By Jeff Balke
By Aaron Reiss
By Angelica Leicht
By Dianna Wray
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By Camilo Smith
By Craig Malisow
By Jeff Balke
"Humor is a response to frustration."
Local comedian Paul Oddo is leaning against the bar talking to the bartender at the Proletariat on Richmond. He's there for Mob Rule, a showcase of local comics on the first Wednesday of the month. Comedians bring only new material onstage, where there is a microphone, a stool and a paper shredder. If the audience laughs at a joke, it's a keeper; if they hate it, it goes directly to the shredder.
At about 10:30 p.m., there are probably about 20 people inside, including the employees. Oddo, 27, is both a performer and a cofounder of Mob Rule. The Friendswood High graduate is probably best known for stories like his frustrations with self-checkout machines at the grocery store. After a machine tells him to re-scan his item for the fifth time, he yells, "I did, you fucking robot!"
But no one hears his grocery store joke tonight. There will be no shredding and there will be no jokes, because not enough of anybody shows up. At 11 p.m., Oddo tells the comics it's canceled.
Eddie Brito, manager of The Improv, over on Katy Freeway, says the fact that Mob Rule had a good draw one month and not the next is all part of comedy in Houston. "These guys are creative; I can tell you right now, I doubt many cities have something like [Mob Rule] in their town," says Brito. "We take it for granted because we see it day in and day out."
Houston has a history of providing fertile ground for comedians to get their starts. Its roster of stars includes Bill Hicks, Sam Kinison, Brett Butler, Janeane Garofalo and, more recently, Last Comic Standing's Ralphie May and Sean Rouse, who appeared on Dave Attell's Insomniac tour on Comedy Central. There are hundreds more trying to follow their lead.
They do this at open mike nights -- for which they get paid nothing -- in the hope that they can work up to paid weekend spots. In the meantime, they work other jobs to get by, while they pursue dreams of stardom.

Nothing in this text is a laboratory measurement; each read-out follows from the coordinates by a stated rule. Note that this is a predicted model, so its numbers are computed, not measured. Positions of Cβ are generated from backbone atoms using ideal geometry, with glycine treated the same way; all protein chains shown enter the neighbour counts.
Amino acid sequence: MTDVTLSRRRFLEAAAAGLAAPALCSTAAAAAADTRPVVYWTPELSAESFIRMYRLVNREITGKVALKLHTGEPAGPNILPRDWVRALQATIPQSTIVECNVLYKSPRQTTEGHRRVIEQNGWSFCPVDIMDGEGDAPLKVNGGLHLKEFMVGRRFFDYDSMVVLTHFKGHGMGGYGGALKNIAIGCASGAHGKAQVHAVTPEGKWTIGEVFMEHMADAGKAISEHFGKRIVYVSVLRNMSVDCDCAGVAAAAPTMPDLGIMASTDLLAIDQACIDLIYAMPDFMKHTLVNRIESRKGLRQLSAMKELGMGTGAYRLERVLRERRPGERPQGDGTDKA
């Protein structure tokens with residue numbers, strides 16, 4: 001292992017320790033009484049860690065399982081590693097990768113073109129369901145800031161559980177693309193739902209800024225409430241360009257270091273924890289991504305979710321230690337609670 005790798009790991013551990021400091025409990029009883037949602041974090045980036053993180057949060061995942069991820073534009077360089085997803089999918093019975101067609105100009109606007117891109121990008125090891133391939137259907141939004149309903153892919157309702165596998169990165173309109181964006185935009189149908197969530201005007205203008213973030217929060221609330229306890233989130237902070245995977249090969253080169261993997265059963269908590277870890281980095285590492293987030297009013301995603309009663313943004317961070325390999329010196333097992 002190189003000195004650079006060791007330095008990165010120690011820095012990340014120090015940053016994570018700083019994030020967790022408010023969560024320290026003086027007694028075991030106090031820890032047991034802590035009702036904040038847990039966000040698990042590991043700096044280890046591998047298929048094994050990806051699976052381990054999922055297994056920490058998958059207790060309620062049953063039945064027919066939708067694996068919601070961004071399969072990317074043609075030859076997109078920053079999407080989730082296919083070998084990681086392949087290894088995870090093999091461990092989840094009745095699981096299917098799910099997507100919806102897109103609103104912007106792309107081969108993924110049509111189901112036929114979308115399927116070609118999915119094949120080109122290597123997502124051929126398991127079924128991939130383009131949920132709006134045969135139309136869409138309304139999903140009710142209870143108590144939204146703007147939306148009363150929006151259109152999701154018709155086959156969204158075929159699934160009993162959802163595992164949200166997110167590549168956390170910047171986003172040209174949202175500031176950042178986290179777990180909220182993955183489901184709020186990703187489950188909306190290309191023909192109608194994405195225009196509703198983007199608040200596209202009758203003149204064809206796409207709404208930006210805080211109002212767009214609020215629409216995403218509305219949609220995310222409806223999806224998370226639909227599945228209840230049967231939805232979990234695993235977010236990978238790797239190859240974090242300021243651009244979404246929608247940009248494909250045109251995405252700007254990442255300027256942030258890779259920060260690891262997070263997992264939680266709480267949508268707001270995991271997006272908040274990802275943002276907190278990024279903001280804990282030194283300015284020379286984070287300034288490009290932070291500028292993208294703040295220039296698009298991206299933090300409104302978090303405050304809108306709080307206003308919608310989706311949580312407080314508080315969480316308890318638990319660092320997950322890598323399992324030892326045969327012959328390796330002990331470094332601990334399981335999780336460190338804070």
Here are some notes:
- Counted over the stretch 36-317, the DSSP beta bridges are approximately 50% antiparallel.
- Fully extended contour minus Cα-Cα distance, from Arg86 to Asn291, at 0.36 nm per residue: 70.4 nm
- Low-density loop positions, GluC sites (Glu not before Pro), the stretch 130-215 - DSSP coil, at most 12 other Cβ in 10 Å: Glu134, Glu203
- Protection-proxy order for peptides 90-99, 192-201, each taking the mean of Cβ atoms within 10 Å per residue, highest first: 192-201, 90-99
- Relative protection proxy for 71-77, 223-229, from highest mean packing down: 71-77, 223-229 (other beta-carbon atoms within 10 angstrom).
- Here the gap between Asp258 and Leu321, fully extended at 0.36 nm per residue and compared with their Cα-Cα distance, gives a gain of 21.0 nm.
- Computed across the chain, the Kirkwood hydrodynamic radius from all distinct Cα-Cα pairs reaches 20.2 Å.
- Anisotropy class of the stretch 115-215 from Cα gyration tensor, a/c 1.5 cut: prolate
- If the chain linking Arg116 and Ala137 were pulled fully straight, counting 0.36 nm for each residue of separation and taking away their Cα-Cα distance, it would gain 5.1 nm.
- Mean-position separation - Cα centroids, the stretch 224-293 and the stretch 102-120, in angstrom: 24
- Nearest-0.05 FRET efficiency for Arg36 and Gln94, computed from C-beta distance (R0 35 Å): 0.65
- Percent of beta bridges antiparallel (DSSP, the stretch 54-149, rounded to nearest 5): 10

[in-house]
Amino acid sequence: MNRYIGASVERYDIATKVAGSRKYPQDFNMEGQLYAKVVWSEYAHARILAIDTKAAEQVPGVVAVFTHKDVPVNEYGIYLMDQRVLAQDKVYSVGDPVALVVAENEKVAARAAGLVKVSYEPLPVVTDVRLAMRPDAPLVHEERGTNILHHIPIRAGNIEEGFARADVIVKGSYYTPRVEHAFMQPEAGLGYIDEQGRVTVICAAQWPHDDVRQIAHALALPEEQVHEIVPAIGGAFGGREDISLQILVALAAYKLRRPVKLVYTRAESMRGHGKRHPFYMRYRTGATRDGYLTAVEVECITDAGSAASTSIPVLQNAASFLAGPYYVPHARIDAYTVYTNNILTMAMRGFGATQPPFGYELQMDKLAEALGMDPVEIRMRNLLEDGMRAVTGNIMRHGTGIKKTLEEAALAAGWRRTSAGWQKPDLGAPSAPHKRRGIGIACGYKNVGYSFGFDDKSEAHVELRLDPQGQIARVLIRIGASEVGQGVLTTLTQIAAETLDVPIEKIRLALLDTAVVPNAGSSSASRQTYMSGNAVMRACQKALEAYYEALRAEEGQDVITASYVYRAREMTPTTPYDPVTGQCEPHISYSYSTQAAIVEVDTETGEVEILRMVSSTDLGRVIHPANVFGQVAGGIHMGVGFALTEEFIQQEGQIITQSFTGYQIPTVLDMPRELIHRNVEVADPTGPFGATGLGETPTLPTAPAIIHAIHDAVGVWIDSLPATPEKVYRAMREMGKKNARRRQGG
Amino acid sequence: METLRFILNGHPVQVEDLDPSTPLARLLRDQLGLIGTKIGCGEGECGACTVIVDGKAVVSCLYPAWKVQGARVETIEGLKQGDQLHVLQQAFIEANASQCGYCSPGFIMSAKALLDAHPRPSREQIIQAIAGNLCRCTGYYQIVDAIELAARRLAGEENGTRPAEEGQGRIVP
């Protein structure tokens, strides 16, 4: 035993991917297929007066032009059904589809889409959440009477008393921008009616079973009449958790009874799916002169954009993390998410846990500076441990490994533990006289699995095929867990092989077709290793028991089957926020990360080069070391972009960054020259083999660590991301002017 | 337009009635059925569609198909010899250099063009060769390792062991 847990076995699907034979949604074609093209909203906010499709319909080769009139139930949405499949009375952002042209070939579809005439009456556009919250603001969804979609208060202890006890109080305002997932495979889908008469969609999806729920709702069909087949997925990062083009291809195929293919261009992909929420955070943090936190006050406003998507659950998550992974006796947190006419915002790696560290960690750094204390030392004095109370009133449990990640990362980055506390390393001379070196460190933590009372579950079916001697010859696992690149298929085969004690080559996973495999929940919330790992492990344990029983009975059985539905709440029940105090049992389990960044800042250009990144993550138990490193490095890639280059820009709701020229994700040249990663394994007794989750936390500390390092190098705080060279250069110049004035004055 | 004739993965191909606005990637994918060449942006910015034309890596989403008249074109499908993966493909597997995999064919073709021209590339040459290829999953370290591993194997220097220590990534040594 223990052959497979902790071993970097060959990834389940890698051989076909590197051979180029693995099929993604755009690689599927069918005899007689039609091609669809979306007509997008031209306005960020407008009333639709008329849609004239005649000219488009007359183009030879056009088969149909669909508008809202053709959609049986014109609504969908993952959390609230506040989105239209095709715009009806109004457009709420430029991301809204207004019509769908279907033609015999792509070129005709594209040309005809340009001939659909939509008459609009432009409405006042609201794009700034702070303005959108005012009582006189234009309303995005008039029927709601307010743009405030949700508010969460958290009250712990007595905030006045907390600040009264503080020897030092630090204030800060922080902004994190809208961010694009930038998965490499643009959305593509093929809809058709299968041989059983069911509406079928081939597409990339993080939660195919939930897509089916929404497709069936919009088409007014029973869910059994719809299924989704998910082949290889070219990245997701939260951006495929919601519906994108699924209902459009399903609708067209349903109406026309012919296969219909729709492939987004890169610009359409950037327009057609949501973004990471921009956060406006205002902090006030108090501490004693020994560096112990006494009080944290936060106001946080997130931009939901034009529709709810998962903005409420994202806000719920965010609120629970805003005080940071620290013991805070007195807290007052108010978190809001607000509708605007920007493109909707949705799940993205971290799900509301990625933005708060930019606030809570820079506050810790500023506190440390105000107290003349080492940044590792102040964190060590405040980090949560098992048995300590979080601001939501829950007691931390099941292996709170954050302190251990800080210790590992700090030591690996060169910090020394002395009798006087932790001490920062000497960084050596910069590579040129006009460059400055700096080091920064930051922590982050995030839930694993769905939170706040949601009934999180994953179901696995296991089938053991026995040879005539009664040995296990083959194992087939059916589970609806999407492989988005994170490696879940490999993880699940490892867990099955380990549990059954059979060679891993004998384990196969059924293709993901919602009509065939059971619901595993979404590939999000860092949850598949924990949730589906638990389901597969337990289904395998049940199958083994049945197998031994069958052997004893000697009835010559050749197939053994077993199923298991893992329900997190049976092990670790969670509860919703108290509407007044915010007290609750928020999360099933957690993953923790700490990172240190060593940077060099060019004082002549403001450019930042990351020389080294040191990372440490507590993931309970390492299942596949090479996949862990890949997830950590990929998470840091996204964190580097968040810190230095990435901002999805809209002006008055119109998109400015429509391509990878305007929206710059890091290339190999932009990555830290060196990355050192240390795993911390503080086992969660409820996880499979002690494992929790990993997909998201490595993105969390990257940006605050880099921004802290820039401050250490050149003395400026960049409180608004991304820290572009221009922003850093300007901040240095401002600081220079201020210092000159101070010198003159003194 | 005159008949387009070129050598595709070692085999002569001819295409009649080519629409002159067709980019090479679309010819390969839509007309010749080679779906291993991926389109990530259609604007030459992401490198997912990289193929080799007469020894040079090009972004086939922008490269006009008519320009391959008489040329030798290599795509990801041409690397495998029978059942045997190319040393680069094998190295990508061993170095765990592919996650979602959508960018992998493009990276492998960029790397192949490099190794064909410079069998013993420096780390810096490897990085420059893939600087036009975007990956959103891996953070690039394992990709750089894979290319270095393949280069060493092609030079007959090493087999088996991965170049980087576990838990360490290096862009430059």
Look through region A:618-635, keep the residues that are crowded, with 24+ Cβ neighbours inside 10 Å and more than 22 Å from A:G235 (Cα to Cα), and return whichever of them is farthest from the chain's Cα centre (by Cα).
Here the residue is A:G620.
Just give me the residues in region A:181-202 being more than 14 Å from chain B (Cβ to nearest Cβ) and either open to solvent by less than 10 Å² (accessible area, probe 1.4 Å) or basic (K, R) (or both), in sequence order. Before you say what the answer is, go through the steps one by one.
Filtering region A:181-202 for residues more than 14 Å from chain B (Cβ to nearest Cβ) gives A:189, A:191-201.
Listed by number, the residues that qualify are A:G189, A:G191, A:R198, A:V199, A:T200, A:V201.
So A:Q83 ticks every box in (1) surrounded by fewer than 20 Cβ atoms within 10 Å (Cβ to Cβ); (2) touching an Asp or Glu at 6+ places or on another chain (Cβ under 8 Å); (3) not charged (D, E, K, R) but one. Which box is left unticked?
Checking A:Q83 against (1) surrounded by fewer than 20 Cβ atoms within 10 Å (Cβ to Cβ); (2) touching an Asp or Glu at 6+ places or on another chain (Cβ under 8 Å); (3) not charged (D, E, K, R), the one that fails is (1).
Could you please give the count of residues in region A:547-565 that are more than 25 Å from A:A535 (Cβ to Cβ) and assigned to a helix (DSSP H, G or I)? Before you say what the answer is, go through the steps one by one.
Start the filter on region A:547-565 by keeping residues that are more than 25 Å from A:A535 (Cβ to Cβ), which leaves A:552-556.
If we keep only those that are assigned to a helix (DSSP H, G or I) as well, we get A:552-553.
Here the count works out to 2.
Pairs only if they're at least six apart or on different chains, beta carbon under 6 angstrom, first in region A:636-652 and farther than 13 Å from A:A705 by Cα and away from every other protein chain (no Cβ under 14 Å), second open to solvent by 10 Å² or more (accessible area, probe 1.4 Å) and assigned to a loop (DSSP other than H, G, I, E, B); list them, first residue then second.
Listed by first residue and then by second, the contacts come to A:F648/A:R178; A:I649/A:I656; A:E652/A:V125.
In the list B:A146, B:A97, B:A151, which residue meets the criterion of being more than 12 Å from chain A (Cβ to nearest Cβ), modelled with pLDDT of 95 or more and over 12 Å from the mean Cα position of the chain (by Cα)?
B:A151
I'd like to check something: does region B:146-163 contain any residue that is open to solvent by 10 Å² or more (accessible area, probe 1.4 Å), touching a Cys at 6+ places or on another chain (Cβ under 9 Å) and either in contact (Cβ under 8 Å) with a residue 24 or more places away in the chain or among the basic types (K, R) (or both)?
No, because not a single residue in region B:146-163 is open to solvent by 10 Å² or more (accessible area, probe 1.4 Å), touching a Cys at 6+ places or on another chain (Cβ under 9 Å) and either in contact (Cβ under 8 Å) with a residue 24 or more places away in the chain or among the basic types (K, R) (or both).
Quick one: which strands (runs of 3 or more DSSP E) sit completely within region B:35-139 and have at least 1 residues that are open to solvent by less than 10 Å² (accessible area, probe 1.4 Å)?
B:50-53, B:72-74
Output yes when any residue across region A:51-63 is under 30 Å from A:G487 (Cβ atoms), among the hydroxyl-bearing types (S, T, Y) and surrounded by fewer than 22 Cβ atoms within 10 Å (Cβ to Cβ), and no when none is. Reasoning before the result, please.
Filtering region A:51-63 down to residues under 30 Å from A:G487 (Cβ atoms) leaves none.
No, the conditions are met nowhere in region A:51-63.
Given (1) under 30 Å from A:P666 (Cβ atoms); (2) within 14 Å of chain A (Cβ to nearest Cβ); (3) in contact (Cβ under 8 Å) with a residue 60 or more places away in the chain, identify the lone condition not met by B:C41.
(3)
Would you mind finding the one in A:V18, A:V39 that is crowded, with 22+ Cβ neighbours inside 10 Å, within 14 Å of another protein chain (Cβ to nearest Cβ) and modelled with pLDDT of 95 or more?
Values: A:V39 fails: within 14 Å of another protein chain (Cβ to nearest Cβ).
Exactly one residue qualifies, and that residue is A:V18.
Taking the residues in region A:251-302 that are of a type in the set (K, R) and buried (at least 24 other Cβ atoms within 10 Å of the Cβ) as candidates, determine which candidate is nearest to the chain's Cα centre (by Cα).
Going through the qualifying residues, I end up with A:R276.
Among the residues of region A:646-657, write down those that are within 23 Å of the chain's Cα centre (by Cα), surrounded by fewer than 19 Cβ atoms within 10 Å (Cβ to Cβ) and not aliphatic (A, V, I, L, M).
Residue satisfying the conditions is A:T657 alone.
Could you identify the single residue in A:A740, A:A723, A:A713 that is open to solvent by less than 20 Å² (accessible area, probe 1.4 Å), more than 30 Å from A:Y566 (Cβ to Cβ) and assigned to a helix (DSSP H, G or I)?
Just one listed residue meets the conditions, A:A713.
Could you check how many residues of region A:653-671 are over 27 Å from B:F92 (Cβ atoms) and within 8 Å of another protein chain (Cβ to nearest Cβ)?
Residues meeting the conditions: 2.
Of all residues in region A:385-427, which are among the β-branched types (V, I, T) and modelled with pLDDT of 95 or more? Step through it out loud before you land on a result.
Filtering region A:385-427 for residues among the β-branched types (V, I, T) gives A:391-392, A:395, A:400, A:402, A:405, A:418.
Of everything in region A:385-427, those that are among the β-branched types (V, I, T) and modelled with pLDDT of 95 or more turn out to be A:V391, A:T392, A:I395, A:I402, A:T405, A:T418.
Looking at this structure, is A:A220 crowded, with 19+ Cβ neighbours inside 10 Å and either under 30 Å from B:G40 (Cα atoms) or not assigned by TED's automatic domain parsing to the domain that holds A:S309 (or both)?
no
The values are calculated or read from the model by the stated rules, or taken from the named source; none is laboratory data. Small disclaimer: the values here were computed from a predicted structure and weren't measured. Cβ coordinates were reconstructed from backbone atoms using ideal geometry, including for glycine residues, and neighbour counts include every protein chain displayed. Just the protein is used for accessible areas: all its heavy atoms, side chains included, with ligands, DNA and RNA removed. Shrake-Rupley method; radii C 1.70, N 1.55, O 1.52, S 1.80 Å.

Oddo has worked in his father's trucking firm, and been in and out of college a couple times, chasing what he says "is the only thing that feels right, 100 percent, no doubt to it."
In the late '80s and early '90s, going to comedy clubs in Houston was the in thing to do; lines stretched out the door and down the street. Now, owners struggle to stay busy as the demand for live comedy waxes and wanes for no apparent reason on any given day. Comedians looking to make it big say they must head to New York or Los Angeles because Houston can't provide them with enough opportunities to survive.
"You can't be doing stand-up here in [Houston] and have some guy who books David Letterman watch your set and then say, 'Oh, hey man, send me a tape' or 'Come in tomorrow and bring in some writing samples,'" says Oddo. "In New York you can and in L.A. you can, too. You bump into agents and all types of things like that, it's just where it is."
Oddo has been to New York before; he's heading back there again at the end of the month.
"Television is like the invention of indoor plumbing. It didn't change people's habits. It just kept them inside the house."
The Comedy Workshop was Houston's first notable comedy club. It was the breeding ground for Hicks, Kinison, Butler, Garofalo and James Ladmirault, known then as Jimmy Pineapple. "You could feel the energy," Ladmirault says. "When that room was packed, you could feel it."
A dry cleaners now sits at the corner of Shepherd and San Felipe where the Workshop once stood. "The parking lot that we used to hang out and drink and all that is a used car lot," says Ladmirault. After the Workshop closed in the early '90s, he says, many comedians headed over to the Laff Stop, where open mikes continued. Paying customers packed into the club on West Gray.
Open mike night moved over to the Laff Stop, which itself recently moved from its 26-year location in River Oaks to the corner of Waugh and Allen Parkway. The event is now free, but even that hasn't changed the fact that most nights now there are more comedians than audience members.
This isn't something unique to Houston. All across the country, comedy clubs are being forced to do more, not only to pull in audiences to free open mike nights -- if they have them -- but even for their regular weekend shows.
The comedy club formula is pretty much the same everywhere for weekend shows. A host does five minutes of material before introducing the night's acts, which generally include the headliner and the "feature" or warm-up act that goes on before the headliner. In Houston, hosts get paid around $200 while a headliner can make $600 for a weekend spot. But such spots are given only to those with experience or who have won recent comedy competitions.